The Food and Drug Administration (FDA) doesn’t approve of colloidal silver as a medical treatment. But you can still find colloidal silver marketed as a health supplement, because the FDA has no oversight over supplements. If a company claims that colloidal silver can prevent serious illnesses, however, the FDA can intervene.
Ingestion of a little silver should have no effect on your skin. Doctors estimate that the average person would have to ingest at least two to four grams of silver to develop argyria [source: Jonas et al]. Once the silver is in your digestive system, silver ions enter your bloodstream. The ions can pass through cellular walls, binding with amino acids inside the cell’s cytoplasm. These ions retain a dark color.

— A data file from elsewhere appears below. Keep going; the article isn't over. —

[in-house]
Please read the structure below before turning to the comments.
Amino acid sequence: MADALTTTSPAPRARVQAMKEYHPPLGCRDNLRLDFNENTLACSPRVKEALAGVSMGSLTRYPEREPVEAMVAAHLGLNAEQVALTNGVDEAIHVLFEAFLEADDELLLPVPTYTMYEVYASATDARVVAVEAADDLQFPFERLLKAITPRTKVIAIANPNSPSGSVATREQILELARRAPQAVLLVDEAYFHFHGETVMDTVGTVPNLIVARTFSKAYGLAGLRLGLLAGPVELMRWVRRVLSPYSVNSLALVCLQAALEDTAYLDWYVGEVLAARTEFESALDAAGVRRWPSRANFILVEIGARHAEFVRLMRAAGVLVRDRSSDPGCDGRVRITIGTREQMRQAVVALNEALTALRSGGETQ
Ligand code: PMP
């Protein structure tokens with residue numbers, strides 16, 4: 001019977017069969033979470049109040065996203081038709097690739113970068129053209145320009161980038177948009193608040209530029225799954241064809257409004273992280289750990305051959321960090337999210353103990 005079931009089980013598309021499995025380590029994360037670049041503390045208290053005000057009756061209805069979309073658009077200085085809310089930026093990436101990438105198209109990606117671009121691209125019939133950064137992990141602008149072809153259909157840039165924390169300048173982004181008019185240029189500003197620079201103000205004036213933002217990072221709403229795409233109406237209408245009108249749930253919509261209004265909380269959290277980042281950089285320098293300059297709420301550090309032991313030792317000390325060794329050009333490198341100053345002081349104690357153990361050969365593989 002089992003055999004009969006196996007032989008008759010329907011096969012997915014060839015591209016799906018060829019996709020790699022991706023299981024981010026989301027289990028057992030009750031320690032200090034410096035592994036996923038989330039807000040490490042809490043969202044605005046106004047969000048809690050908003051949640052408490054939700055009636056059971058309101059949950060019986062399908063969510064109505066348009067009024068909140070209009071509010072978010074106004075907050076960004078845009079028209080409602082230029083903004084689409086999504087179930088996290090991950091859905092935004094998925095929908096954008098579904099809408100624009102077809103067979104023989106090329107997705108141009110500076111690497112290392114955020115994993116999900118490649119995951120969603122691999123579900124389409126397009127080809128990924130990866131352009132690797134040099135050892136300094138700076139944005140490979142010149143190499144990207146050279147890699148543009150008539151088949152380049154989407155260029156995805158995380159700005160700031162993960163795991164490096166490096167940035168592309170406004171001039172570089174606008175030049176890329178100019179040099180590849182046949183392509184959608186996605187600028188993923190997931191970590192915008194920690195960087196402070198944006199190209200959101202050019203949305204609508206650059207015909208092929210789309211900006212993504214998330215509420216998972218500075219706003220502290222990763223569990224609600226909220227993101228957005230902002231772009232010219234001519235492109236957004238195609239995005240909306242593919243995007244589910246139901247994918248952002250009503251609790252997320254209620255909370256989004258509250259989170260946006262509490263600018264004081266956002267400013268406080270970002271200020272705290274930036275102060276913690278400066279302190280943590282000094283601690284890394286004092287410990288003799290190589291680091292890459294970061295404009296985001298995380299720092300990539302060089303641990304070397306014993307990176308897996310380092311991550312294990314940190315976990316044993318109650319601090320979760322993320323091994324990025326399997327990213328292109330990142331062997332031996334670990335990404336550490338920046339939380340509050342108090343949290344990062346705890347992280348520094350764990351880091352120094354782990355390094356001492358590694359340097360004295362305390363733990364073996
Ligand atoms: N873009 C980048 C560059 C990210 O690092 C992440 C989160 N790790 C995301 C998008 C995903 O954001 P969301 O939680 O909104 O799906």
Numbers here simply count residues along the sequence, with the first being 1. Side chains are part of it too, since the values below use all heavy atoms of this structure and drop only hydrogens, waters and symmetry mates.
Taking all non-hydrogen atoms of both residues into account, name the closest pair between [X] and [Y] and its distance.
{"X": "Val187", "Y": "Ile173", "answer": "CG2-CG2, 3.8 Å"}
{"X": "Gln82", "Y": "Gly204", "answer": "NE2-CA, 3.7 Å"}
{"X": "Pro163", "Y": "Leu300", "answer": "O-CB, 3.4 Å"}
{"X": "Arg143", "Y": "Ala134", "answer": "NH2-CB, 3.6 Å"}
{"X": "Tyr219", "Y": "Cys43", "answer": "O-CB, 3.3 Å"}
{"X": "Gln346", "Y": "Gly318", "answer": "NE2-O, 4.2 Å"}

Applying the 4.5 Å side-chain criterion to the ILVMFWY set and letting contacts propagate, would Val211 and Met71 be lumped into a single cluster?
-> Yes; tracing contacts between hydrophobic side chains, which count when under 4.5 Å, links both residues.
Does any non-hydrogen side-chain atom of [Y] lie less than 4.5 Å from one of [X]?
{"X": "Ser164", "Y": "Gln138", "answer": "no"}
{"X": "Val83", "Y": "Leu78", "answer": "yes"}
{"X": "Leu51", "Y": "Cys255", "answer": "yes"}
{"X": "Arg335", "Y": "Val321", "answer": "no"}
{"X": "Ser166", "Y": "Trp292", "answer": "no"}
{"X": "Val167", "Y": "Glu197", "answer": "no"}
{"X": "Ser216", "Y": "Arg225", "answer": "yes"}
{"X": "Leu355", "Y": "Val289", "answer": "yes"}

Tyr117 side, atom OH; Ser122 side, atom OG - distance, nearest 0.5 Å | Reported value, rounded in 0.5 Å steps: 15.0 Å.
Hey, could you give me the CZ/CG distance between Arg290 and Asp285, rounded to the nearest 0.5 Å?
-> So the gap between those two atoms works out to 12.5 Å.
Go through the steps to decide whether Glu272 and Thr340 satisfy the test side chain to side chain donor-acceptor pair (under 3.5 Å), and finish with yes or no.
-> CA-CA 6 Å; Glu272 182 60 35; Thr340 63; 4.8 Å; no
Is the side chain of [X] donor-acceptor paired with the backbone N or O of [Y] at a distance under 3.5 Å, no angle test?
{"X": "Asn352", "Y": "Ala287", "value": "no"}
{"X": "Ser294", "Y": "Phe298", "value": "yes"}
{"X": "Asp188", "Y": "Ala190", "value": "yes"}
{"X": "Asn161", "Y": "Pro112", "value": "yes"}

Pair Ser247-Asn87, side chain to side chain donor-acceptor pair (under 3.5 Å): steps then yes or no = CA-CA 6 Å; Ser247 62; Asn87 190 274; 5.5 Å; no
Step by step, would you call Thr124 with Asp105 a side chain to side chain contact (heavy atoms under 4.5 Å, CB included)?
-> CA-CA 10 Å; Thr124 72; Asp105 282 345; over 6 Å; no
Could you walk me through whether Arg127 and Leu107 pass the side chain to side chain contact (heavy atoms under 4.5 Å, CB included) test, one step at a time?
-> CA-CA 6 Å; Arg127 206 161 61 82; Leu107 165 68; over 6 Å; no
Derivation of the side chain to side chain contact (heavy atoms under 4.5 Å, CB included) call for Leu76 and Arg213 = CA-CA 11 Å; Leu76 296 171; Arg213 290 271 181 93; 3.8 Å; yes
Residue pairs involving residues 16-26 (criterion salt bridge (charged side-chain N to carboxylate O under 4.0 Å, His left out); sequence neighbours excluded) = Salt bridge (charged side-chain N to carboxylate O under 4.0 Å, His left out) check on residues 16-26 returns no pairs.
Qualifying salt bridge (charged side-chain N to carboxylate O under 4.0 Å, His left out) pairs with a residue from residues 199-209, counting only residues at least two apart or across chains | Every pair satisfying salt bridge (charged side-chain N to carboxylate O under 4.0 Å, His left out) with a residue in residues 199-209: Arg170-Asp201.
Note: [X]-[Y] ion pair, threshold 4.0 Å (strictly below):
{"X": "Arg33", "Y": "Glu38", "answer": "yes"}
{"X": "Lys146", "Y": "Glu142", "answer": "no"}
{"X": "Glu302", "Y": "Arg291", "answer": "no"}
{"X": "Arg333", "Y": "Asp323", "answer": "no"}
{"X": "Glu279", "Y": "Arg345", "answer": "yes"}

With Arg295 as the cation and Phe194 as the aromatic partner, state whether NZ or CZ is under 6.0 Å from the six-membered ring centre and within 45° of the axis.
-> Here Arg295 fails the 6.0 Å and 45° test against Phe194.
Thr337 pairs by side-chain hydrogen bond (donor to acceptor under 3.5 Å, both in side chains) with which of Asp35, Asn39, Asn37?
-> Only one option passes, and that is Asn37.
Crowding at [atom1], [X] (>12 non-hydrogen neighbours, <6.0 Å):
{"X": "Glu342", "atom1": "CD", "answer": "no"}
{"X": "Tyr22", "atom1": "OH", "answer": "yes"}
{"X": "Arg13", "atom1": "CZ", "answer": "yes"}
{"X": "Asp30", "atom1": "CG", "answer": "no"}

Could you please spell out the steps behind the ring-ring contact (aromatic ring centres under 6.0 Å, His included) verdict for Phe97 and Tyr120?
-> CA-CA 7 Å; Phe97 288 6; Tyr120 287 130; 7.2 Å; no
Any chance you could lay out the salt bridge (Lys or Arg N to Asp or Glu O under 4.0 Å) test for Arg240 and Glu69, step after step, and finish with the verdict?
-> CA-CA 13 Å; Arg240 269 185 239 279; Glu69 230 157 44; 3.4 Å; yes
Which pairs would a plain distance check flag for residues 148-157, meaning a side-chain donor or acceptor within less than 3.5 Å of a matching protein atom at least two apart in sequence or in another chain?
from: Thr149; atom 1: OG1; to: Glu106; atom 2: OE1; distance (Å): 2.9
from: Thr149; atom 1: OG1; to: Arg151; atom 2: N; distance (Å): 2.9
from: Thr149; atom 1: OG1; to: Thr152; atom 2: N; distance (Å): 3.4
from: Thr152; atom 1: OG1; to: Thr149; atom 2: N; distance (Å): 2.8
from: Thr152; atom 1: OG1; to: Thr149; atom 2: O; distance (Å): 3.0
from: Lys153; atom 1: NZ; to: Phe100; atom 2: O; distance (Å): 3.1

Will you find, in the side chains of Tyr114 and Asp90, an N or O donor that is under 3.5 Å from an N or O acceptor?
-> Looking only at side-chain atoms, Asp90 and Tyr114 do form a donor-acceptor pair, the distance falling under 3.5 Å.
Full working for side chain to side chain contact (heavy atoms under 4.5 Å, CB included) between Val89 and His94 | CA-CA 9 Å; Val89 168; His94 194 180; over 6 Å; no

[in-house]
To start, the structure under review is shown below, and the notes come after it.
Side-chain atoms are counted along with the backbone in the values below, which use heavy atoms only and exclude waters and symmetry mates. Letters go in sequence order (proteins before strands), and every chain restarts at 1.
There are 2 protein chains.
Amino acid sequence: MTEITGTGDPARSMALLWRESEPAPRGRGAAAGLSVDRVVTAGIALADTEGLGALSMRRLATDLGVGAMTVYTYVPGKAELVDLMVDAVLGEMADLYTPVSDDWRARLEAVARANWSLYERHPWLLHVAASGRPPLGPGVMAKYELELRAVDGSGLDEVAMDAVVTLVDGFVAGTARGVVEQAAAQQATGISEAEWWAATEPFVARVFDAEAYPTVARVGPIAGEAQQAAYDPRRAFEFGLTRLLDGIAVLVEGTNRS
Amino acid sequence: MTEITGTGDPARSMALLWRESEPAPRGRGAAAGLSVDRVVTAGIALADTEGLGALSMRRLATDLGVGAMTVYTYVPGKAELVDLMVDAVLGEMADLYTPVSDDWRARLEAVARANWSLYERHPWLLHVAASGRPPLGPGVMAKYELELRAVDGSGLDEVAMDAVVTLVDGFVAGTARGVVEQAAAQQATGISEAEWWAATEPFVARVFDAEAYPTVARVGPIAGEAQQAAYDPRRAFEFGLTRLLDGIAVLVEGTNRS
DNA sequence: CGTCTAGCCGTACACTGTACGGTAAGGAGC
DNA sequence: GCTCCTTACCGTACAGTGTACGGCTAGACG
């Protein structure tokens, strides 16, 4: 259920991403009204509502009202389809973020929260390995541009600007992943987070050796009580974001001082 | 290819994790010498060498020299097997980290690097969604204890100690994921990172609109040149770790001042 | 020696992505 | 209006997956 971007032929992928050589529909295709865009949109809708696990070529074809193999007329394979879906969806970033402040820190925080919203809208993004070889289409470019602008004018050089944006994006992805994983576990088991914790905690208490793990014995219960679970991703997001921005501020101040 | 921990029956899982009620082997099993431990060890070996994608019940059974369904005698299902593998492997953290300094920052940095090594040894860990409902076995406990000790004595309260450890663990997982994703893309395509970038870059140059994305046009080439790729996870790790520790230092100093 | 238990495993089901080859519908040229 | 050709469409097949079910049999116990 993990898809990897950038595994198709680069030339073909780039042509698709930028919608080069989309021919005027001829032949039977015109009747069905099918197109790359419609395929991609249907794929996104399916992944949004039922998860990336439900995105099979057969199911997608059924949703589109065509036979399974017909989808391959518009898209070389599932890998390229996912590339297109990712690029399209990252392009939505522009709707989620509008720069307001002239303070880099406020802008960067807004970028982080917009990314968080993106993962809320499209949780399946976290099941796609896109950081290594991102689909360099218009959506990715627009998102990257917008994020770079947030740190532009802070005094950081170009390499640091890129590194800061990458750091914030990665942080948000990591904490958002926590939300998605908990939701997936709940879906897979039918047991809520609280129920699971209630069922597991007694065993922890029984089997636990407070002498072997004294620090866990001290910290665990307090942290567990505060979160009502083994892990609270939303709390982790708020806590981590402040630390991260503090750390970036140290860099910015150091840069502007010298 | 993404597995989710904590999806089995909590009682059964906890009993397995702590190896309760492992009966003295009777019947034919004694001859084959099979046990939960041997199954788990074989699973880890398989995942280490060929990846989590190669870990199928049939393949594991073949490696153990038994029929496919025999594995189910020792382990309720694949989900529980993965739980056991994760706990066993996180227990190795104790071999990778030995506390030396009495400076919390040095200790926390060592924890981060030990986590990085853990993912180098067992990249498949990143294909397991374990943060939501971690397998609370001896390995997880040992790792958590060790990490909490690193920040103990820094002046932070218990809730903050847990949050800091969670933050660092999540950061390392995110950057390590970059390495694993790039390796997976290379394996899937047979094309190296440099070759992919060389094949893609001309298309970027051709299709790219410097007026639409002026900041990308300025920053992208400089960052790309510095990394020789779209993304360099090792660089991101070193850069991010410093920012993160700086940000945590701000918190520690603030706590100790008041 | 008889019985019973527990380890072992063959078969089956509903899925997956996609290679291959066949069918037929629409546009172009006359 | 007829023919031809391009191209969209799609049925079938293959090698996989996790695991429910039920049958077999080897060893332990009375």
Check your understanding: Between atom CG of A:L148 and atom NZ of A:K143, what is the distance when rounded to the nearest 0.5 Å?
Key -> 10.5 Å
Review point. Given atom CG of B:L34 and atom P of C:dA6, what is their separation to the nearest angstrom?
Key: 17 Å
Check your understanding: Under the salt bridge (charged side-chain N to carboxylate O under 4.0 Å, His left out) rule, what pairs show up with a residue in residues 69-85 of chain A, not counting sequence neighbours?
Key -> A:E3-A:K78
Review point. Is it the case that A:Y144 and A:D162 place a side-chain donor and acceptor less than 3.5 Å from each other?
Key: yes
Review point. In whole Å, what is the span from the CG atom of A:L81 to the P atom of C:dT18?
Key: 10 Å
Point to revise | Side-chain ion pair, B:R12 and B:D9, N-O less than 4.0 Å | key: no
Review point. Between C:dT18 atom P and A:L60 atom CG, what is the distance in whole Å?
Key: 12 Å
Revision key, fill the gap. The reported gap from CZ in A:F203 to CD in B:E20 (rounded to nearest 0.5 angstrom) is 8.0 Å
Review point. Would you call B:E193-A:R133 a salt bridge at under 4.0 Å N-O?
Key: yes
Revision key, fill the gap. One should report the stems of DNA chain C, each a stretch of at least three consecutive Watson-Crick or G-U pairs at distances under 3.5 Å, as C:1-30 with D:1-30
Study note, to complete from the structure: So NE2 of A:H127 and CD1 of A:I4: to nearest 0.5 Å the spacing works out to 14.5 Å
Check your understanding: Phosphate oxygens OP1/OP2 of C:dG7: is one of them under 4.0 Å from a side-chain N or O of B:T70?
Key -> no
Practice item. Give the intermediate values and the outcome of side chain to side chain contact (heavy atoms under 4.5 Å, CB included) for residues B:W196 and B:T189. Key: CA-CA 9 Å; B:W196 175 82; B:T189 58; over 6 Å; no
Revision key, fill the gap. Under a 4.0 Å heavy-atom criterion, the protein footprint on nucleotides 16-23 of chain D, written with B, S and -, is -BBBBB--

Argyria most affects skin that receives regular exposure to sunlight, leading doctors to believe that silver stimulates pigment production. The combination of pigment and silver ions turns the skin blue-gray. The effect appears to be irreversible.
Most vendors recommend doses of colloidal silver well below the levels that would produce argyria. This suggests that people with argyria ingested too much of the solution over too short a time. Considering the lack of evidence that colloidal silver has medical benefits, a better choice might be to seek other forms of medical treatment.